Some of the best days of our lives are really when we were much younger in school with no cares or worries about life and its guile! It does not really matter about the quality of life, or whether we walked to school, took the bus, had a hard time growing up…Every one`s life at that point still seems so happy and carefree! The best part of my childhood was always summer months filled with buzz and activity at Madurai amma`s home. All my cousins would visit us and the home would be filled with at least fifteen members of the family. Everyday cooking itself would be 2 hour chore with all of us helping here and there. Summers would also be time for pickles. vadams and vathals. Time to bite in to juicy ripe Banganapalli mangoes and Dilpasand from Bangalore Iyengar Bakery in T.Nagar.
Madurai amma would always make Avakkai Pickle, Manga Thokku and Mahani Kizhangu. We all would pitch in and grate about 10 mangoes on to a large newspaper and trnasfer them to large plates for her to make the pickle. By afternoon the aroma of the pickle would be wafting throughout the home and that night everyone would volunteer to sample the pickle. As I make this every summer, I recount those beautiful days of my childhood and pass on the memories to my little ones…
2 Big Mangoes or 3 Medium Mangoes.
2 Tsp Red Chilli Powder.
1/8 Tsp Turmeric.
1/8 Tsp Hing.
2 Tsp Salt.
1/2 Tsp Fenugreek Seeds.
1 Tbsp Jaggery.
A pinch of tamarind.
1 Tsp Mustard Seeds.
Few sprigs of curry leaves.
Wash the mangoes and wipe them down with a clean kitchen towel. Peel out the skin and using a grater, grate all the mangoes until you reach the seed.
In a dry kadai roast about 4 tsp of fenugreek on a low flame until it emits an aroma. Switch off and when cool, grind to a fine powder. Store in an air tight container.
In a heavy bottomed kadai add 4-5 tbsp of oil and when its hot enough season with mustard seeds and curry leaves.
When the mustard seeds splutter, add the grated mangoes slowly in to the kadai.
Add turmeric powder, hing and red chilli powder and give it a quick saute.
After a couple minutes, add salt, a pinch of tamarind paste (optional if the mangoes are tart by themselves), fenugreek powder and the jaggery.
Keep stirring the kadai now and then and make sure it does not stick to the bottom.
In about 20 minutes you should see the oil seperating from the pickle.
Now its time to switch off the kadai and allow to cool.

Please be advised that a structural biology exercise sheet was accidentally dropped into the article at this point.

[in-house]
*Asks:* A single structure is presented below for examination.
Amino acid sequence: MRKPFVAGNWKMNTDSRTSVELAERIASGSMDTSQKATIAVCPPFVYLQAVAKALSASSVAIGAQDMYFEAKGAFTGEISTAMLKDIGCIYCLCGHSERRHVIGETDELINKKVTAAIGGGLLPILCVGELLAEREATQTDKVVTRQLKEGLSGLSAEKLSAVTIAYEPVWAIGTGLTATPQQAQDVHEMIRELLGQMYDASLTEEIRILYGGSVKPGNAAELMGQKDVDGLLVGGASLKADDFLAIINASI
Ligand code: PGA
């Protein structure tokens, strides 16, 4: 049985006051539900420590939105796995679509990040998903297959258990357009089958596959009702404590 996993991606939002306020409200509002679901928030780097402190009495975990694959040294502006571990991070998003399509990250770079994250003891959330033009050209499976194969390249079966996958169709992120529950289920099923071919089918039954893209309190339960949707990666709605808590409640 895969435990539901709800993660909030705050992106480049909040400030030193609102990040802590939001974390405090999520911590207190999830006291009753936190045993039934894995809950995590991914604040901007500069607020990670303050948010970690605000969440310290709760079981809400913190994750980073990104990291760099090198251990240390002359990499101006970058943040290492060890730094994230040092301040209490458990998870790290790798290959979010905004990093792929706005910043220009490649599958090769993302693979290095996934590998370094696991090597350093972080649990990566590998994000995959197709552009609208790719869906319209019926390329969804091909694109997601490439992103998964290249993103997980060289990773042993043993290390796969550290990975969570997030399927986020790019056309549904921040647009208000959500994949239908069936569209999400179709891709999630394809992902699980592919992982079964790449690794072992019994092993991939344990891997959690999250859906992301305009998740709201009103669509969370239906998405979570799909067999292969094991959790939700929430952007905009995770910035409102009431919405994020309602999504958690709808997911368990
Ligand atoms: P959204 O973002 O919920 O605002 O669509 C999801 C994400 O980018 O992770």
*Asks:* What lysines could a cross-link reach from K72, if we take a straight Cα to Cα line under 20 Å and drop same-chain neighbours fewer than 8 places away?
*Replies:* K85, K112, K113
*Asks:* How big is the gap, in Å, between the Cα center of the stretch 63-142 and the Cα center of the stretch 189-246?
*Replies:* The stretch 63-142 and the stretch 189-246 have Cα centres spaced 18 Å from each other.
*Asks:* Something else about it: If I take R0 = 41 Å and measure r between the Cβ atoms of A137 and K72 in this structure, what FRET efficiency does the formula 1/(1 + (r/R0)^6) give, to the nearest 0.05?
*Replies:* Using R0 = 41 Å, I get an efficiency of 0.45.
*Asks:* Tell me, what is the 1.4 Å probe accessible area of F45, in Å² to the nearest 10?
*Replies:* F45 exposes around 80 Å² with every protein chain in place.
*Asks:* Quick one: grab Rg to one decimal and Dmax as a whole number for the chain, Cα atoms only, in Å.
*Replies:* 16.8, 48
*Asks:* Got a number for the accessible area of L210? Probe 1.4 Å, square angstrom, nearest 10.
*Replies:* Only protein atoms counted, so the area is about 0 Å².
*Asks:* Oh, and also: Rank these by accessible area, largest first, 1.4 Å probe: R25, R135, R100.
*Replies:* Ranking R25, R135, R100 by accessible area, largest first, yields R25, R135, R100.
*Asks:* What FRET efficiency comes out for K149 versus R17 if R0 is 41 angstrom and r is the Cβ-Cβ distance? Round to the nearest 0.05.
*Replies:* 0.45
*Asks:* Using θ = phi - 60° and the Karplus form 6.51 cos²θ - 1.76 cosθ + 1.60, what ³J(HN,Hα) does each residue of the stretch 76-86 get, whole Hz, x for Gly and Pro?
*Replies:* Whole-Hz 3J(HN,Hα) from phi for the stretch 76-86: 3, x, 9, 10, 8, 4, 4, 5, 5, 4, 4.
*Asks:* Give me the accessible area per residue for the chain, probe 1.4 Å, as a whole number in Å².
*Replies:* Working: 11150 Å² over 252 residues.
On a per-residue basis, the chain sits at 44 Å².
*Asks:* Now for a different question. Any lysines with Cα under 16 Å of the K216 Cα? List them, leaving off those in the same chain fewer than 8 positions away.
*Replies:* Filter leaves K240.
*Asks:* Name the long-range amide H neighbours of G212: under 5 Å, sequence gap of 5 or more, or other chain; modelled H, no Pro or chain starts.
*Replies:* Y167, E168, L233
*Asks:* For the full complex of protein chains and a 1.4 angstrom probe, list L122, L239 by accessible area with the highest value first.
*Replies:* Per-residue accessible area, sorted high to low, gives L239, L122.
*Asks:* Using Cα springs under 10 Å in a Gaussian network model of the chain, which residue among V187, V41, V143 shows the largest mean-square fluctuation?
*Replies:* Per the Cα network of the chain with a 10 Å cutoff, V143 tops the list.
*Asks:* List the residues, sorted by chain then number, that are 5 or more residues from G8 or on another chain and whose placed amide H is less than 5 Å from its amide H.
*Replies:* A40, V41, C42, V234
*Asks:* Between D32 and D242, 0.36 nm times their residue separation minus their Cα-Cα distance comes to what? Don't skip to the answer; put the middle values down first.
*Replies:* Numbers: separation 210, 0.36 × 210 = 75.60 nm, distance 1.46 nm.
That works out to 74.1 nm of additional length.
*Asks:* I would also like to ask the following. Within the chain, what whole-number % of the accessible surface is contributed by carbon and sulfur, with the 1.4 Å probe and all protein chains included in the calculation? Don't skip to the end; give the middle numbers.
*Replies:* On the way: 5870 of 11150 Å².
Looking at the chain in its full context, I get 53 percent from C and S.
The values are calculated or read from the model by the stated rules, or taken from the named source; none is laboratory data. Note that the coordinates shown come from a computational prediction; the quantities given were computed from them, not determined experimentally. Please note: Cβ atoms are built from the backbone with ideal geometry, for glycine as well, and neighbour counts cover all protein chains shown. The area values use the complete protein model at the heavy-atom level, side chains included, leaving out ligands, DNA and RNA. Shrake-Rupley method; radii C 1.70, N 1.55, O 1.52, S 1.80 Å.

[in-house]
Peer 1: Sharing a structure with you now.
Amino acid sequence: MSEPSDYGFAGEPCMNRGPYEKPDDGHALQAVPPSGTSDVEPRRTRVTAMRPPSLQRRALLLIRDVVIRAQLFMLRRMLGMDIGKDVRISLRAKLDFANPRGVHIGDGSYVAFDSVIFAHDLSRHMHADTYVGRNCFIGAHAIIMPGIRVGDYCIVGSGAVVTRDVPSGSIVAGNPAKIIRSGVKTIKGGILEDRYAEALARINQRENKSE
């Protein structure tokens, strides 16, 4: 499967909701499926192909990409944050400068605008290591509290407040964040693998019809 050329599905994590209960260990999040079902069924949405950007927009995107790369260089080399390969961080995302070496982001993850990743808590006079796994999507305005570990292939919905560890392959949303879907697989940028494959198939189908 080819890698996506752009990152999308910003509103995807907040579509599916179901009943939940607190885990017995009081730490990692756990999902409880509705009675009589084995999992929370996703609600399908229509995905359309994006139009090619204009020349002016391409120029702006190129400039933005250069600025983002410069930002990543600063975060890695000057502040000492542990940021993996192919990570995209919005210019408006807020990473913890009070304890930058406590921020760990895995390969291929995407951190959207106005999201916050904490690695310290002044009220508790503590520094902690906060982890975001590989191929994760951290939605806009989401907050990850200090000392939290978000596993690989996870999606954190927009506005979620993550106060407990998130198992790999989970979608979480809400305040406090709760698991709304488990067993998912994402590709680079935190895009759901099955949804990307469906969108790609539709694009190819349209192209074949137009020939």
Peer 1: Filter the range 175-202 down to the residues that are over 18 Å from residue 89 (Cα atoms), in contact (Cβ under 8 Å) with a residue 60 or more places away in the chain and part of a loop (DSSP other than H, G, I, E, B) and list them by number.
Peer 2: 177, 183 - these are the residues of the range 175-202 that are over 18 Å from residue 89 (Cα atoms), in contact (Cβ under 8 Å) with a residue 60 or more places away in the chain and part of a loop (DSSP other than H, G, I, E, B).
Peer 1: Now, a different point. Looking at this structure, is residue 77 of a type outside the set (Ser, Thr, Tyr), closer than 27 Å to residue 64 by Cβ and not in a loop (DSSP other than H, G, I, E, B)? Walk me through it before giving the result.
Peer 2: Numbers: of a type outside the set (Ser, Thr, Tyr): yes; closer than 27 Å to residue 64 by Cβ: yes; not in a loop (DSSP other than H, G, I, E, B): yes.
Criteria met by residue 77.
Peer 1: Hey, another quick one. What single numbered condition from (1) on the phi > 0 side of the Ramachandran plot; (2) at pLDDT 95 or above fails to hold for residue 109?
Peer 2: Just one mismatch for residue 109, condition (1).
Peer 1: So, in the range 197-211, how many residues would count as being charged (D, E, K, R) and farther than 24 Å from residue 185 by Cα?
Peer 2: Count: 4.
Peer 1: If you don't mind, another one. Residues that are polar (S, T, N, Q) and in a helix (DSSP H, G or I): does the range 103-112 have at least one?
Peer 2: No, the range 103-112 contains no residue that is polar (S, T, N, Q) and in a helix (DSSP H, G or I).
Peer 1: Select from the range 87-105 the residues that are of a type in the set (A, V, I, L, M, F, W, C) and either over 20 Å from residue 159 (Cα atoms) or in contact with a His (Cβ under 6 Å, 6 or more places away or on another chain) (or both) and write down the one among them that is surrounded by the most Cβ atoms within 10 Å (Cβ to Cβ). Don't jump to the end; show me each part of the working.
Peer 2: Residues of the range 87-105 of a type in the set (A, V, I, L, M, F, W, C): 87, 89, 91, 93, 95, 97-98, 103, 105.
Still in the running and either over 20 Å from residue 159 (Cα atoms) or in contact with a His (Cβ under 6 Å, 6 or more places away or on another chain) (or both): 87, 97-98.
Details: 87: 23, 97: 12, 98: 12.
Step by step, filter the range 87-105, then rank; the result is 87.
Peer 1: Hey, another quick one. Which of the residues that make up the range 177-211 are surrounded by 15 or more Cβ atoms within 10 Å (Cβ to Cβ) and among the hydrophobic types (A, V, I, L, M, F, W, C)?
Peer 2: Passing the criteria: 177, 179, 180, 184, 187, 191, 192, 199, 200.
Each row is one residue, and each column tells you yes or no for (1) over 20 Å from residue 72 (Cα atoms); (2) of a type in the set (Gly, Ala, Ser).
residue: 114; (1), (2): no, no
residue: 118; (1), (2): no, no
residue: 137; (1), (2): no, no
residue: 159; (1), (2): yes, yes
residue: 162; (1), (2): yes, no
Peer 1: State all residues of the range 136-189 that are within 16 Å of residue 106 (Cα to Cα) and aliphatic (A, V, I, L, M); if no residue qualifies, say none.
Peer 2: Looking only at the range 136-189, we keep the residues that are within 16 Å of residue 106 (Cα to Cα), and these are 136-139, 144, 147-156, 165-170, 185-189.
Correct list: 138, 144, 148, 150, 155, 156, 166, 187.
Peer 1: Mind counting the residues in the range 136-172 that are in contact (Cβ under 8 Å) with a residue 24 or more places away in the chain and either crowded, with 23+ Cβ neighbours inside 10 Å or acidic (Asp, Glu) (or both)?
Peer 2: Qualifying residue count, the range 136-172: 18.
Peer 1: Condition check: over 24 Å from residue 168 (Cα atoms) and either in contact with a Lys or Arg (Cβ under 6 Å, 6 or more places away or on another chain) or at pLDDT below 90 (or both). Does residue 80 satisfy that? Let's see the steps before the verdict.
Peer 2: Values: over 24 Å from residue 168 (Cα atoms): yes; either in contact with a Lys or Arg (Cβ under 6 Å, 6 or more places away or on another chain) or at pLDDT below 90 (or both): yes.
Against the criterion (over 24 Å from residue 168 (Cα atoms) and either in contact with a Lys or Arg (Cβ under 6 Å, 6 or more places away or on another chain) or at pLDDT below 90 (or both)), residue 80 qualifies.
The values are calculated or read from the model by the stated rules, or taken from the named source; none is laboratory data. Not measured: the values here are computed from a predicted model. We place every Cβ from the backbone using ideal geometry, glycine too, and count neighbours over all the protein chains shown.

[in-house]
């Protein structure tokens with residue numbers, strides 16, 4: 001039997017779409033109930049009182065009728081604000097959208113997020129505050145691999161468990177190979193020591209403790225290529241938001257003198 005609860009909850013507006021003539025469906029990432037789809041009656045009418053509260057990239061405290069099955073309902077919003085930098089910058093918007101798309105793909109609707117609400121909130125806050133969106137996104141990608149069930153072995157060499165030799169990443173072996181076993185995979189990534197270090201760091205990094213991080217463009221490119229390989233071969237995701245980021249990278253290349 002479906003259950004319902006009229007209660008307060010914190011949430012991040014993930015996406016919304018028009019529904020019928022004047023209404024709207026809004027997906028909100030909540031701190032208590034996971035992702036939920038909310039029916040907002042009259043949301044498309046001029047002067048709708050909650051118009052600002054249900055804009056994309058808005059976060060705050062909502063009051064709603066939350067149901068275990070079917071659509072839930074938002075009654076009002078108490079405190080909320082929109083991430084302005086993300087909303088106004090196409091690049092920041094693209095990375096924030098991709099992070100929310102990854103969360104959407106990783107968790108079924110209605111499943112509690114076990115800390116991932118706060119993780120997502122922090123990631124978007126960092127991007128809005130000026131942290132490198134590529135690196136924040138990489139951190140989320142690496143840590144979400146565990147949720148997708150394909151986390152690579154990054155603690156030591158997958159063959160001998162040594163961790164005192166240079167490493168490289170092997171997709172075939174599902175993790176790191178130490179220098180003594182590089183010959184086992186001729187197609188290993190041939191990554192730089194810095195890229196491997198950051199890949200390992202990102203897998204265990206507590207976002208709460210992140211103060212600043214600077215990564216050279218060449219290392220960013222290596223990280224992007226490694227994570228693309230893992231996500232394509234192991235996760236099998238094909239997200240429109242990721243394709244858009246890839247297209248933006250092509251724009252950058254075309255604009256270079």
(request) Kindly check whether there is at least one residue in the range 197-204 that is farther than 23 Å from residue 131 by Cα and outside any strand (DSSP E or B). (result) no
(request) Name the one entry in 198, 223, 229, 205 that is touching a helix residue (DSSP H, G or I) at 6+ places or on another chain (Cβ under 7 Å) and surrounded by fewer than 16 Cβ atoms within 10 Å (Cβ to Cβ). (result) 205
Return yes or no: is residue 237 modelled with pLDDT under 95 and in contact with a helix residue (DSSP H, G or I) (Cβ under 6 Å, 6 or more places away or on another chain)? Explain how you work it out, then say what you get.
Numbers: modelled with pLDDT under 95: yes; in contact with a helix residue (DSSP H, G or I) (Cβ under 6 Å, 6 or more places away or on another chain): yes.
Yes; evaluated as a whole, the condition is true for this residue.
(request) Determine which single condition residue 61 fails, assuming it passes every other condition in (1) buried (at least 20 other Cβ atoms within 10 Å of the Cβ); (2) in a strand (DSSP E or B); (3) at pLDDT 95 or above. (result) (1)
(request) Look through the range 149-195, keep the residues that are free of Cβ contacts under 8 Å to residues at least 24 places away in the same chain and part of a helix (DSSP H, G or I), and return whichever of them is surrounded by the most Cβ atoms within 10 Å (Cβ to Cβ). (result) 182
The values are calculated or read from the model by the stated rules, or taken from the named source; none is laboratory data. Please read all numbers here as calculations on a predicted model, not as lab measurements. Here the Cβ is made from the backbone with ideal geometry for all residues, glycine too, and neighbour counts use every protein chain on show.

Transfer to a glass pickle jar and store air tight in the refrigerator.
Mango Thokku can be used as a side for rotis, idli, curd rice and dosa.
Anybody who is a constant visitor to my blog, would know by now, my love for Corriander Leaves. I love it in any form and the aroma it exudes, is simply inexplicable. It instantly adds so much zing and character to any dish to which its added. Imagine rasam without corriander leaves, or Mushroom Mutter Masala without the green garnish. Imagine salsa and any mexican cooking without this herb. I always love the transformation to the dish, cause by the addition of corriander leaves. Iamgine a dish where this is the star ingredient??? This is an excellent compliment to curd rice, dosas and even Morkuzhambu and Molagootal.
1 Large Bunch of tender cilantro/corriander leaves. (2 bunches in India).
1/2 Cup Broken Urad Dhal.
6 Red Chillies.
2 Tsp Home Made Idli MolagaiPodi/Gunpowder.
Gooseberry Sized tamarind ball.
1 – 11/2 Tsp Salt.
A pinch of hing .
Take the large bunch of corriander leaves and wash them well in a collander. Allow them to air dry for about 2 hours.
Now remove the stems that are thick and fat. If they are thin, simply remove only the root part and set aside. Pat dry to remove any moisture.
Soak the tamarind in 2 spoons of water and warm in the microwave. Set aside.
In a small wok, add a spoon of gingely oil and add in the urad dhal and the red chillies.
Fry on medium flame, until its golden brown. Finally add the softened tamarind piece alone, without the water. When its sauteed well, set aside.
Take the medium container of your mixie jar and add the fried red chillies, urad dhal and tamarind at the very bottom.
To this add salt, asfoetida, and idli molagapodi and give it a quick pulse.
Now toss in the dried corriander leaves and give it a quick pulse.
Frequently you would have to use your spatula to ease out the portions that are stuck to the jar and will not grind.
Pulse on and off to get a coarse mixture. Add a couple drops of gingely oil instead of water, to aid in lubrication.
When done, check for salt and trnasfer to a clean dry bowl.
Using your hands, roughly shape them into balls and store in the fridge.
Kothamalli Podi is an excellent side for curd rice, and idlis.
The beauty of this corriander podi is that its an instant home made pickle/side for curd rice.
When you have sudden guests, take out a ball and grind with some coconut and water to get Corriander Chutney.
Add a little to home made thick curd and mix it in for aromatic pachadi!
One of the most favourite sweets growing up, has always been the Kaju Katli. I guess I fell for its pillow like softness, sweet thats not to much nor too little, but just right, and the little bite sized goodness coming in such small packages! I dont remember when they started getting really famous, but I still loved them a lot! The other sweet that I really really loved was the Sweet Sev from Gomathy Sankar Sweets & Savouries near Ranganathan Street in T.Nagar. Madurai Appa would always get a small quantity of about 250 gms, and we would all get just a couple to savour. But I loved the slightly salty sev inside coated thickly with layers of hardened sugar!!! Its always a pleasure to reminsce about little memories from our childhood, blasted in to the present!
The first time I ever made this sweet was about 2 years ago when my little one simply loved it so much. She said they were thin and tiny, and so they were hers!. And that was why I could never find good ones to shoot! It`s almost tradition to make it for Deepavali since then, and quite a few of my readers had requested for this recipe! Happy Deepavali you guys. This recipe is specially for my reader Ramya!!!